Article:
European regulators have approved a new second-line treatment option for patients with advanced kidney cancer.
Exelixis' Cabometyx (cabozantinib) has been cleared for use in patients with advanced renal cell carcinoma (RCC) following prior vascular endothelial growth factor (VEGF)-targeted therapy.
The drug was given an accelerated assessment by the European Medicines Agency and is the first to show in a Phase III trial "robust and clinically meaningful improvements in all three key efficacy parameters - overall survival (OS), progression-free survival (PFS) and objective response rate (ORR)," according to the firm.
The METEOR study met its primary endpoint by significantly improving PFS; compared with Novartis' Afinitor (everolimus), the drug was associated with a 42 percent reduction in the rate of disease progression or death, with median PFS 7.4 months versus 3.8 months for Afinitor.
Cabometyx also significantly improved the objective response rate compared to Afinitor, be it through investigator assessment (24 percent versus 4 percent) or through central review (17 percent versus 3 percent).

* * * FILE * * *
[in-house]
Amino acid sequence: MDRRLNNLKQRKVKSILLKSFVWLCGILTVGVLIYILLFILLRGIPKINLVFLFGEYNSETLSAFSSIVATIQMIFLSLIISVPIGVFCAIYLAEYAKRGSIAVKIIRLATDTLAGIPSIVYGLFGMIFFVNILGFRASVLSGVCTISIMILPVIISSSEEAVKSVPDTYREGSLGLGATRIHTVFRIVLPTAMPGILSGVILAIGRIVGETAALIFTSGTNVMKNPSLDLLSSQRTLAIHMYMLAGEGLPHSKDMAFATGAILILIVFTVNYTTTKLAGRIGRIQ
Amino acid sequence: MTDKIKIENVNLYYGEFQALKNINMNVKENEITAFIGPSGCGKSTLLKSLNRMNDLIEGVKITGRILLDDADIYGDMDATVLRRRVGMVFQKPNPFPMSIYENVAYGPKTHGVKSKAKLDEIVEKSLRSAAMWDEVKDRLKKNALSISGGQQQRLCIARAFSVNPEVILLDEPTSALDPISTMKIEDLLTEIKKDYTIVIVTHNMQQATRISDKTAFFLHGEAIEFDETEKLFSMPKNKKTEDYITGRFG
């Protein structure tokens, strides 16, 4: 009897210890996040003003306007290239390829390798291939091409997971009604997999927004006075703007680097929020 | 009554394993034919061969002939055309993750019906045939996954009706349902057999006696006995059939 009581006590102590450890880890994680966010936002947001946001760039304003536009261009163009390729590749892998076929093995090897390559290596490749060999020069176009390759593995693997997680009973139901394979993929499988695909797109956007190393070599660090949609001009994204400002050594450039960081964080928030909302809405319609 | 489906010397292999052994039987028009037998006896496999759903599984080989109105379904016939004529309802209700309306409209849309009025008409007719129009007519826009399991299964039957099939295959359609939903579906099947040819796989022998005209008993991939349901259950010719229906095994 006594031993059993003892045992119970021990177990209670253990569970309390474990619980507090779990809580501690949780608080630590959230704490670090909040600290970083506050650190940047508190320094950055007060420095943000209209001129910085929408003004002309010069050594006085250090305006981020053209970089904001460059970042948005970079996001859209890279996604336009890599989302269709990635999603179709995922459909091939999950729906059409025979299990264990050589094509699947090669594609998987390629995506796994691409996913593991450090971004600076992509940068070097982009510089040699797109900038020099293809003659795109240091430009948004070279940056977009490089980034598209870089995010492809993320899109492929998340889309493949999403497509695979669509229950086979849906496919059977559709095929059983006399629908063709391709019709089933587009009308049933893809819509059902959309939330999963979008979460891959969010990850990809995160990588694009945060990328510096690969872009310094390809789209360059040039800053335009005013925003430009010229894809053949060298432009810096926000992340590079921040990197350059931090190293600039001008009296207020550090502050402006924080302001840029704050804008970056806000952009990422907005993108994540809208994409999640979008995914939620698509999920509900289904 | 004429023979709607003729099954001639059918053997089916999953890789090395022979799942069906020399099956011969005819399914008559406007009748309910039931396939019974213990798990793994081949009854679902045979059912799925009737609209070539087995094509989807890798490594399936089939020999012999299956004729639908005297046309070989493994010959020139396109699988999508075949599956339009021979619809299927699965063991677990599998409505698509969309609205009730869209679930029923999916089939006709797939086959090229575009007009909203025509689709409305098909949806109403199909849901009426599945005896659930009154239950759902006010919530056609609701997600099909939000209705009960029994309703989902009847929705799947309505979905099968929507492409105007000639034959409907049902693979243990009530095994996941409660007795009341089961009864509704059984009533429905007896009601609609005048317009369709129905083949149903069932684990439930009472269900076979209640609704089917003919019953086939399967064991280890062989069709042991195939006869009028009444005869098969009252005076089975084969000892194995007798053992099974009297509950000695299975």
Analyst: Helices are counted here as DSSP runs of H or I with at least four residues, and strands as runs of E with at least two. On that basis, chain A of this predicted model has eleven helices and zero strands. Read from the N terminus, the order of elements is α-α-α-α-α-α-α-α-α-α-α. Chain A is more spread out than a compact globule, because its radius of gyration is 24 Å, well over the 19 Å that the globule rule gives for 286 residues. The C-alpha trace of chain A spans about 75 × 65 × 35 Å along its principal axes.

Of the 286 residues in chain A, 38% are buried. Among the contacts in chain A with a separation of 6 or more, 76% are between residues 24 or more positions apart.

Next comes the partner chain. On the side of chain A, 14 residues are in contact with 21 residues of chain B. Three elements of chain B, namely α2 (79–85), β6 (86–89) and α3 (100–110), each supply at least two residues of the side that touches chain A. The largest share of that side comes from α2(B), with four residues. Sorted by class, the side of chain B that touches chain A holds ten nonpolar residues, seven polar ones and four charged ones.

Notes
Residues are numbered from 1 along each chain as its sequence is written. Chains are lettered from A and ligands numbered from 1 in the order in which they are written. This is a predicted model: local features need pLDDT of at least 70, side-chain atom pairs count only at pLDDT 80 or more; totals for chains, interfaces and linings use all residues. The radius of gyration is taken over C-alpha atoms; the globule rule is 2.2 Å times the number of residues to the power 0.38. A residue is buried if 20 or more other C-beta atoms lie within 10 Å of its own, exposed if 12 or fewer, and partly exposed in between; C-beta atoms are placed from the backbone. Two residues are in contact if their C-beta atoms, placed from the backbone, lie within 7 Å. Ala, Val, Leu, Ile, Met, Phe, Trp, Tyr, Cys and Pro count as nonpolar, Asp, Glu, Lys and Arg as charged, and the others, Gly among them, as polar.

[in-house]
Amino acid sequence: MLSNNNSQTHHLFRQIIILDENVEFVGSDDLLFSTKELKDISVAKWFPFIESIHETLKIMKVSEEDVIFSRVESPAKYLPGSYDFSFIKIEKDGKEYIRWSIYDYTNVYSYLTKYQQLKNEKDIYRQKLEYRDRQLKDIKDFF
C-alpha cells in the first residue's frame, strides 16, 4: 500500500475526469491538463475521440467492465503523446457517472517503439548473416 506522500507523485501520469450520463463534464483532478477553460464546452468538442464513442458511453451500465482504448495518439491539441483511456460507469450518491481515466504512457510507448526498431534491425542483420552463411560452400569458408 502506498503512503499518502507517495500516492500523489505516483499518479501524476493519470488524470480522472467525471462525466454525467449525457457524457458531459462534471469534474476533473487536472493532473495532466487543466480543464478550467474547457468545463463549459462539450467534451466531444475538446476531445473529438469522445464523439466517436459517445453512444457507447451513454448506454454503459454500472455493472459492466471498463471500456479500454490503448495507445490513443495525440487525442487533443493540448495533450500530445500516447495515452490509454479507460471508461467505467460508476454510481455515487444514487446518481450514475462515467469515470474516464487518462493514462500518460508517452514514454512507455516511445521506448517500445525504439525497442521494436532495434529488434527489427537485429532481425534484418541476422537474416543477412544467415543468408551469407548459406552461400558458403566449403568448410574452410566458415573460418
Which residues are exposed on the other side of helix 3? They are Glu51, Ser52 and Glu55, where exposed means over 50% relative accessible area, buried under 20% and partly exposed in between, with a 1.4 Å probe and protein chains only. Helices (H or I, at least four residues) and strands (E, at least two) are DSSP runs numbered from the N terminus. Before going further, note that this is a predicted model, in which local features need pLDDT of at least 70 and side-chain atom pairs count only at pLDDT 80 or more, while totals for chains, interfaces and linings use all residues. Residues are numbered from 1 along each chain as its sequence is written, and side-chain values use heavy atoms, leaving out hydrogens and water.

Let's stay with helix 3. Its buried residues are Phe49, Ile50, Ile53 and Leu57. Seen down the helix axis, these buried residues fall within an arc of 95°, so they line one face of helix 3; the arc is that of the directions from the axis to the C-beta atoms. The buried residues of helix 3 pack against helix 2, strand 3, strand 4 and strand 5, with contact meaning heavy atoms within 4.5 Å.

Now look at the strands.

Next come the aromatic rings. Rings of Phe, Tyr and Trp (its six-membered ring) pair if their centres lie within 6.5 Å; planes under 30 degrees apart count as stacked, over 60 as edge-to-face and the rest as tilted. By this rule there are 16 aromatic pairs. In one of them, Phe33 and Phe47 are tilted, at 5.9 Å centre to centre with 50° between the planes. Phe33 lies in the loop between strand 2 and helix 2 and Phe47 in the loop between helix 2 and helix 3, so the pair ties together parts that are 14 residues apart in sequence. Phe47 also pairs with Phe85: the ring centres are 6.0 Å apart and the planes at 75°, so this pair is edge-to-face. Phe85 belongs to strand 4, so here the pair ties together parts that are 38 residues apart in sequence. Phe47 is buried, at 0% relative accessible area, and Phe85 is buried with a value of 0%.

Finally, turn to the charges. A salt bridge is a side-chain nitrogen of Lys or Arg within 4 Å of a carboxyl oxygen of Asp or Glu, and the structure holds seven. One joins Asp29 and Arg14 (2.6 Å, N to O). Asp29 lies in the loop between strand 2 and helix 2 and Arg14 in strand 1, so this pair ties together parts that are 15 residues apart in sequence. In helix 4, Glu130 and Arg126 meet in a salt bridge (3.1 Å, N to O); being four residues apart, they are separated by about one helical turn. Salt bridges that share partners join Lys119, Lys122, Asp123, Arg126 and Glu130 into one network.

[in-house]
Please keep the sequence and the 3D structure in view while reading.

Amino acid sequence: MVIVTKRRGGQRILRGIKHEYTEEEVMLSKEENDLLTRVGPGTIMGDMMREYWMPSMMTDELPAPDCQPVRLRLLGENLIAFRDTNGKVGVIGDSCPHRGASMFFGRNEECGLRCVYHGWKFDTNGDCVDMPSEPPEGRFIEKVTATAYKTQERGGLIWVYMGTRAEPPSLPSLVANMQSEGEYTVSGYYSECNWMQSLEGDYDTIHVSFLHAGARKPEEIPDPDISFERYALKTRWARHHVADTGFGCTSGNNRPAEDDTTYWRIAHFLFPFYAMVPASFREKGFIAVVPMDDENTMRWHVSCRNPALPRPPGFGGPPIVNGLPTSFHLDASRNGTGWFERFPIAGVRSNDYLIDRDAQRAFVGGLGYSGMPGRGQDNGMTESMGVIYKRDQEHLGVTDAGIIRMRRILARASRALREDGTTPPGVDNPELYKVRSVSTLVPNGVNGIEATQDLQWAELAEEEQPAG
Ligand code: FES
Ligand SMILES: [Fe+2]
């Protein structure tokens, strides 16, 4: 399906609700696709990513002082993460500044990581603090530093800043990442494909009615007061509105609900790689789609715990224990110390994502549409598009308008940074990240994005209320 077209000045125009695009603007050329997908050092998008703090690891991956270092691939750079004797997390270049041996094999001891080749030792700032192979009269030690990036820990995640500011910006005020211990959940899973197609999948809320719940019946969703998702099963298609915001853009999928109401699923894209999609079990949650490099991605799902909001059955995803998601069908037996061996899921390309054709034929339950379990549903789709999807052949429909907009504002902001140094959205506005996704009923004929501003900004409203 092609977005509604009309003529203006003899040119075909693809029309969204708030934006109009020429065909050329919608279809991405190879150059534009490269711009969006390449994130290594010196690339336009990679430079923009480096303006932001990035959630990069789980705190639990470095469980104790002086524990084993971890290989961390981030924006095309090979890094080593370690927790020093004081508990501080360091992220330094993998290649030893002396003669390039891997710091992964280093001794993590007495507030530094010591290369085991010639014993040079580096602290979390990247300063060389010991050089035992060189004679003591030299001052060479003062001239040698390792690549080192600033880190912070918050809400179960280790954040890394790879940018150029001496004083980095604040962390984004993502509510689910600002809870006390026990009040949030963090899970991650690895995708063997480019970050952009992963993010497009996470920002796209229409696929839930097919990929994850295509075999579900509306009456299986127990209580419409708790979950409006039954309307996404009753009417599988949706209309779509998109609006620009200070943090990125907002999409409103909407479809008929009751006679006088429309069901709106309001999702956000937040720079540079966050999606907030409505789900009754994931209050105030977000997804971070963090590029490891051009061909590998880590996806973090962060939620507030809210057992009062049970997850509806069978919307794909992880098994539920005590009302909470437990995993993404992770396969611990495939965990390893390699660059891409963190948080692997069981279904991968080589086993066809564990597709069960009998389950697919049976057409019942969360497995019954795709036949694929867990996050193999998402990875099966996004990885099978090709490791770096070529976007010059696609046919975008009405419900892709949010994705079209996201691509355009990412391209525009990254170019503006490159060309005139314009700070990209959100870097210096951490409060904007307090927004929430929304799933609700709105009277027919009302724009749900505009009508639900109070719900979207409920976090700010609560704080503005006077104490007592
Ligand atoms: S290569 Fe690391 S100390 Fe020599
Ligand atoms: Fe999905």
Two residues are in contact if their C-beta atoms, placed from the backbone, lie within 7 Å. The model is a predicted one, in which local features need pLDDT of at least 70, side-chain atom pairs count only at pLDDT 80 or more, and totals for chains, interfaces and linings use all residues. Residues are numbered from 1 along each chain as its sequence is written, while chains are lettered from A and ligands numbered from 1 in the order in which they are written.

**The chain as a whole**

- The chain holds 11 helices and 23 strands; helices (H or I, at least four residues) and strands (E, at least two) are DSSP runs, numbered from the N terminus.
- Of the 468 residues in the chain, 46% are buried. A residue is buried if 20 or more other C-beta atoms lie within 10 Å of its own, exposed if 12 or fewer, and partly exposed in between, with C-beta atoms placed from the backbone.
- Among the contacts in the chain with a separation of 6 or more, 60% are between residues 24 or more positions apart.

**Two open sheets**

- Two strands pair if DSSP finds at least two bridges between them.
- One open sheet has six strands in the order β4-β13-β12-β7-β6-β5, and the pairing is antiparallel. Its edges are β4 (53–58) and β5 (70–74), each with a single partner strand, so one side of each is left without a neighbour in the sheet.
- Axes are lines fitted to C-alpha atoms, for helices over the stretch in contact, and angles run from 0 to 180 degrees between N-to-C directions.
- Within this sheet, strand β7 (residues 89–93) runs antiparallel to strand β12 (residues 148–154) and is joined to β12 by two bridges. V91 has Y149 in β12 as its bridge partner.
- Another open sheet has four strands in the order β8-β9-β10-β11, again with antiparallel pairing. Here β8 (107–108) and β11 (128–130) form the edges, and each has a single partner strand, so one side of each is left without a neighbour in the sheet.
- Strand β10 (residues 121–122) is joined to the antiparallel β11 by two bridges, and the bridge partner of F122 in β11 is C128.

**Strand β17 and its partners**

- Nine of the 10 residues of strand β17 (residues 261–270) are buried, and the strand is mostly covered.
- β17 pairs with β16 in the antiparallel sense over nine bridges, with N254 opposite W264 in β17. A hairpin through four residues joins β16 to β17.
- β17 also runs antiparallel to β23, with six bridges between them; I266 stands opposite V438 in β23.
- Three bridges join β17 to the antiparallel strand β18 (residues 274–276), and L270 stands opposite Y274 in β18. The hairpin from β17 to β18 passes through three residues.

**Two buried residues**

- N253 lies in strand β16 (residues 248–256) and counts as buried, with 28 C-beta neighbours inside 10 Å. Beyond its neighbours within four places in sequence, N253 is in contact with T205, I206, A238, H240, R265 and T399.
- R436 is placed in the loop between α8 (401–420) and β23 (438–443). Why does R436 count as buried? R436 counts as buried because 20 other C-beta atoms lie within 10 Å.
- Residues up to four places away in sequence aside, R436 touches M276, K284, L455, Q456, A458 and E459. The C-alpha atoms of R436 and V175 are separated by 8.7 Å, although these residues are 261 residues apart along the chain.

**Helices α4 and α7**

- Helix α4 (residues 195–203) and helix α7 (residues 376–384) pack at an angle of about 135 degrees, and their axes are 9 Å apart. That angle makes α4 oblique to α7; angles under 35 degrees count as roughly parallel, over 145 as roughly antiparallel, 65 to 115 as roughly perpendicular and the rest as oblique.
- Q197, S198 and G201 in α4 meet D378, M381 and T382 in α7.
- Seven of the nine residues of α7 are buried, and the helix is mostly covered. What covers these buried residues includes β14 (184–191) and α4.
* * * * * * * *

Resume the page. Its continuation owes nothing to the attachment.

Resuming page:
"This marketing authorisation helps address an unmet medical need in Europe by providing patients with a new therapy that slows disease progression and prolongs overall survival," said Michael Morrissey, Exelixis' president and chief executive officer. "We look forward to further examining the use of Cabometyx in earlier lines of therapy and in other difficult-to-treat cancers."
The approval also triggers a $60 million milestone payment from French drugmaker Ipsen, which picked up certain rights to cabozantinib - outside the US, Canada and Japan - earlier this year.
The drug is already approved in Europe for under the brand-name Cometriq for the treatment of adult patients with progressive, unresectable, locally advanced or metastatic medullary thyroid cancer.
Cabozantinib suffered a high profile failure in a Phase III prostate cancer trial back in 2014, but has been making a comeback ever since.